The South Korea company will introduce certain devices that will run on Tizen, which is similar to the Linux operating system, just like Android is
January 4, 2013 – Later in 2013, Samsung Electronics, the South Korea-based electronics giant, is planning to launch a new line of smartphones that are not Android, Google’s mobile platform operating system that the company uses for the majority of its phones, but instead a new system. That could be a potentially huge problem for Google since Samsung sells more smartphones that are operated by Android than any other company worldwide.
Samsung’s decision represents another effort by manufacturers of hardware to replace Android as the software of choice in smartphones. That shift in displacing Android is a wish to have differentiation in the marketplace, its desire to own its own operating platform and concerns over liability.
In addition, depending upon how the system is received, it could help move the electronics giant beyond the two-way race between Google and Apple for control of the smartphone software market.
The South Korea company will introduce certain devices that will run on Tizen, which is similar to the Linux operating system, just like Android is. Tizen is a revisit to a former project between Nokia and Intel. In addition, Ubuntu, a vendor for Linux, has created an operating system for smartphones based on the same open platform.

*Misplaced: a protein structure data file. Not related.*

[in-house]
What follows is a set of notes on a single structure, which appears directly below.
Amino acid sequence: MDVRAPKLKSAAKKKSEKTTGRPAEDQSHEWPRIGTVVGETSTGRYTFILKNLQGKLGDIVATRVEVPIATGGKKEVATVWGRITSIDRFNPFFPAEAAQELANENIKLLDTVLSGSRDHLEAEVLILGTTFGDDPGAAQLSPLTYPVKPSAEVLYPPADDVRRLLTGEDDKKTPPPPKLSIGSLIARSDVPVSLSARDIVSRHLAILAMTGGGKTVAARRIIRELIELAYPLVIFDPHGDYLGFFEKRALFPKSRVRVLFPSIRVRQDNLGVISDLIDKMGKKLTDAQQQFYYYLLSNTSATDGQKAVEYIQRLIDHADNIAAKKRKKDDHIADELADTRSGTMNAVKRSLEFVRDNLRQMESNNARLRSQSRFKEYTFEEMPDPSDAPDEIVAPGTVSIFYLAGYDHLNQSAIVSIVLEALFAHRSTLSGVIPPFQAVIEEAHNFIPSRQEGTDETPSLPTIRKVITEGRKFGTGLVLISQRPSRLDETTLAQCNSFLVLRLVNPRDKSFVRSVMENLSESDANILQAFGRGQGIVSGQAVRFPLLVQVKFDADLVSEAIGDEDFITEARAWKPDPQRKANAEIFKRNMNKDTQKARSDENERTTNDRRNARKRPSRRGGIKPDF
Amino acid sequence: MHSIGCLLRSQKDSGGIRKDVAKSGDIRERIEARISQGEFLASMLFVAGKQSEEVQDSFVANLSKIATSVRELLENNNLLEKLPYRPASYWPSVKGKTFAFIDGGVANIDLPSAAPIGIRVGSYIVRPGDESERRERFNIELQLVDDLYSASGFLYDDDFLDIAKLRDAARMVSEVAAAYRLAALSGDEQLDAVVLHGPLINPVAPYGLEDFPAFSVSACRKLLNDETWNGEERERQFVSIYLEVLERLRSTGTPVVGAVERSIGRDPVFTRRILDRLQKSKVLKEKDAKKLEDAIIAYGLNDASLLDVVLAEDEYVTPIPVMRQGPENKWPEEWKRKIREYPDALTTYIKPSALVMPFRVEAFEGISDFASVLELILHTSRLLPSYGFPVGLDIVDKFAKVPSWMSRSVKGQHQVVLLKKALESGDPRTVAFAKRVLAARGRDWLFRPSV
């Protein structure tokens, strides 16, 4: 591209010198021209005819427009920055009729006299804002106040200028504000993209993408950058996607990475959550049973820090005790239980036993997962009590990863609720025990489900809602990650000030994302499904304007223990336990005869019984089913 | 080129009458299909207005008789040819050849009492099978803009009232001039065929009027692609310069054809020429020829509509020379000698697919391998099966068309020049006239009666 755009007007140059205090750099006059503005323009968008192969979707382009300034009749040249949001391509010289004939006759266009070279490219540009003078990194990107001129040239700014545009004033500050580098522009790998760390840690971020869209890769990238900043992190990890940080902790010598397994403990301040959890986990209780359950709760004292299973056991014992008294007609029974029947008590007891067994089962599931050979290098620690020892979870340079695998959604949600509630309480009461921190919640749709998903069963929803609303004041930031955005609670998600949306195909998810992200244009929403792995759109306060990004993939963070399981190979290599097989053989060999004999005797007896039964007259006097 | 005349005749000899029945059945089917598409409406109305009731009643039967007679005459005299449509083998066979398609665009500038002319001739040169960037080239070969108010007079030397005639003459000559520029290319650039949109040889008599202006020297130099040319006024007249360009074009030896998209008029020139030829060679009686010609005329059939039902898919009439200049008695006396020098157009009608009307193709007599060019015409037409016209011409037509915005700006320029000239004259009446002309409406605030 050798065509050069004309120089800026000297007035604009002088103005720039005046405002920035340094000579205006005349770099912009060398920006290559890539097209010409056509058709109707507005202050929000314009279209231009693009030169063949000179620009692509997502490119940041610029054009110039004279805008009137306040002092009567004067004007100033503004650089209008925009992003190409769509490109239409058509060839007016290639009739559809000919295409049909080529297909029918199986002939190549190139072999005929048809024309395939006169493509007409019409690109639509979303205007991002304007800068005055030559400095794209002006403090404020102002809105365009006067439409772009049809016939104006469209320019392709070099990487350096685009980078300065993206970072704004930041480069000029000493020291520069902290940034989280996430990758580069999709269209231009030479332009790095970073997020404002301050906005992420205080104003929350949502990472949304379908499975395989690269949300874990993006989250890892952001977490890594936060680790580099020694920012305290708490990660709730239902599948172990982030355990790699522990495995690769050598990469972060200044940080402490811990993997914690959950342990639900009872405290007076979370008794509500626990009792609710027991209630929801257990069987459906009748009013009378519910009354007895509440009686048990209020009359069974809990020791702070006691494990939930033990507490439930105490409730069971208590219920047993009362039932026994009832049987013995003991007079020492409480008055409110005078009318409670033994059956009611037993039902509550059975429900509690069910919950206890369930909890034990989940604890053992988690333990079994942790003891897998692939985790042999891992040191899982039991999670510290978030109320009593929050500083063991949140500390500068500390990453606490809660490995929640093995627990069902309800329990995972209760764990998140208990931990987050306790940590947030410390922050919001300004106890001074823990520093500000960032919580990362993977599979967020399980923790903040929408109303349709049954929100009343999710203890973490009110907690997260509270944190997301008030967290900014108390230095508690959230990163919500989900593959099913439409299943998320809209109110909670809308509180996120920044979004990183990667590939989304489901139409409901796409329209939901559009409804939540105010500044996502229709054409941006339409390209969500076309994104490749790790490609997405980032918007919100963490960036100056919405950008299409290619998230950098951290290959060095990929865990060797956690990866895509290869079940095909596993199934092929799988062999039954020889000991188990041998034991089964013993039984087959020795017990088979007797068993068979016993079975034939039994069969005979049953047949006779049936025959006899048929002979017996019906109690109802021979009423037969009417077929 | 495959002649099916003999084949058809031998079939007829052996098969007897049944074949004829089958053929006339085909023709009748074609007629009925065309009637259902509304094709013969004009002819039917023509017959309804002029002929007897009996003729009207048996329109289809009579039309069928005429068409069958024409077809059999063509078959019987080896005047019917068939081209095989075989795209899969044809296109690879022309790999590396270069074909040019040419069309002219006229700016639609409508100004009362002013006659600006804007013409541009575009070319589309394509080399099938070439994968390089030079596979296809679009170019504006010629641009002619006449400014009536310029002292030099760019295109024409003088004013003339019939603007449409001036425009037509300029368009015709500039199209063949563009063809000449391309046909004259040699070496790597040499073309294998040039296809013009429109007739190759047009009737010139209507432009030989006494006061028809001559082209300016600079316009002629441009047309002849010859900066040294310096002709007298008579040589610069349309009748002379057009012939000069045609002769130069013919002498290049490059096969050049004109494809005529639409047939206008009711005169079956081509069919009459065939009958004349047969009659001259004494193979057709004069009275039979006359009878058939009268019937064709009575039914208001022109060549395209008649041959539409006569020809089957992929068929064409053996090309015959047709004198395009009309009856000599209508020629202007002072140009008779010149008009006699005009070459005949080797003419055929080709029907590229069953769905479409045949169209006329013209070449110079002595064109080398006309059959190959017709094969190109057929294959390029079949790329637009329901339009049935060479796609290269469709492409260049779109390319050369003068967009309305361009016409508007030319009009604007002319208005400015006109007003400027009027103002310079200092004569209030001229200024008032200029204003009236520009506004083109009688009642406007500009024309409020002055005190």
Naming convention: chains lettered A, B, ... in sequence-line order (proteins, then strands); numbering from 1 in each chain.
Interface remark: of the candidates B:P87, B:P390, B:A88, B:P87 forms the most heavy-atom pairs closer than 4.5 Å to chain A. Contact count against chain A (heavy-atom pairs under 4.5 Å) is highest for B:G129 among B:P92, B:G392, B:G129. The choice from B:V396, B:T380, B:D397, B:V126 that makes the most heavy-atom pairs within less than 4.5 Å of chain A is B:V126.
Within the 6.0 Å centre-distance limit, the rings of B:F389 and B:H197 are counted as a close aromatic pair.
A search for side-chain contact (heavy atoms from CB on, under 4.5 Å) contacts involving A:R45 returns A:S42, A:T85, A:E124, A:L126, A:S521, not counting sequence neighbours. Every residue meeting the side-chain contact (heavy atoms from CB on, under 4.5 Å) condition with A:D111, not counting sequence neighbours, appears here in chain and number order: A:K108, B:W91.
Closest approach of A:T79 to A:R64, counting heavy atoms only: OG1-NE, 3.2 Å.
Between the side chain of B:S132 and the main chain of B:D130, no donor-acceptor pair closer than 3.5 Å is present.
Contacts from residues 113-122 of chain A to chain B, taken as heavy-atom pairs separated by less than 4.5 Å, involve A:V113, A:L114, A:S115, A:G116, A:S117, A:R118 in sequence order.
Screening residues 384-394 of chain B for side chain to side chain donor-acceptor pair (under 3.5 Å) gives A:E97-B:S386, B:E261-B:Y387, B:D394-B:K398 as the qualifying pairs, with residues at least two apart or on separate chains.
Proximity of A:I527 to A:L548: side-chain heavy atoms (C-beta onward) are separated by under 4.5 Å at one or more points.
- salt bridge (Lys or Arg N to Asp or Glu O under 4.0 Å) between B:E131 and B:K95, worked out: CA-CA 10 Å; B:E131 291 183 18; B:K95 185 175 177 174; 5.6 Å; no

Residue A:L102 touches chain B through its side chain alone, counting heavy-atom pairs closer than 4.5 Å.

Many hardware vendors expressed interest in locating completely different operating systems for their mobile handsets. Samsung, HTC and LG have all experimented or implemented other software options.
Since Android is owned by Google, it can do what it wants with it, without hardware vendors having any input. When the majority of companies use some variation of the Android, it is much harder to differentiate the products and to create innovations that top other competitors.
Having another alternative form of an operating system could also avoid litigations as both Microsoft and Apple have repeatedly sued the vendors that use Android alleging the search giant’s platform mimics their technology illegally.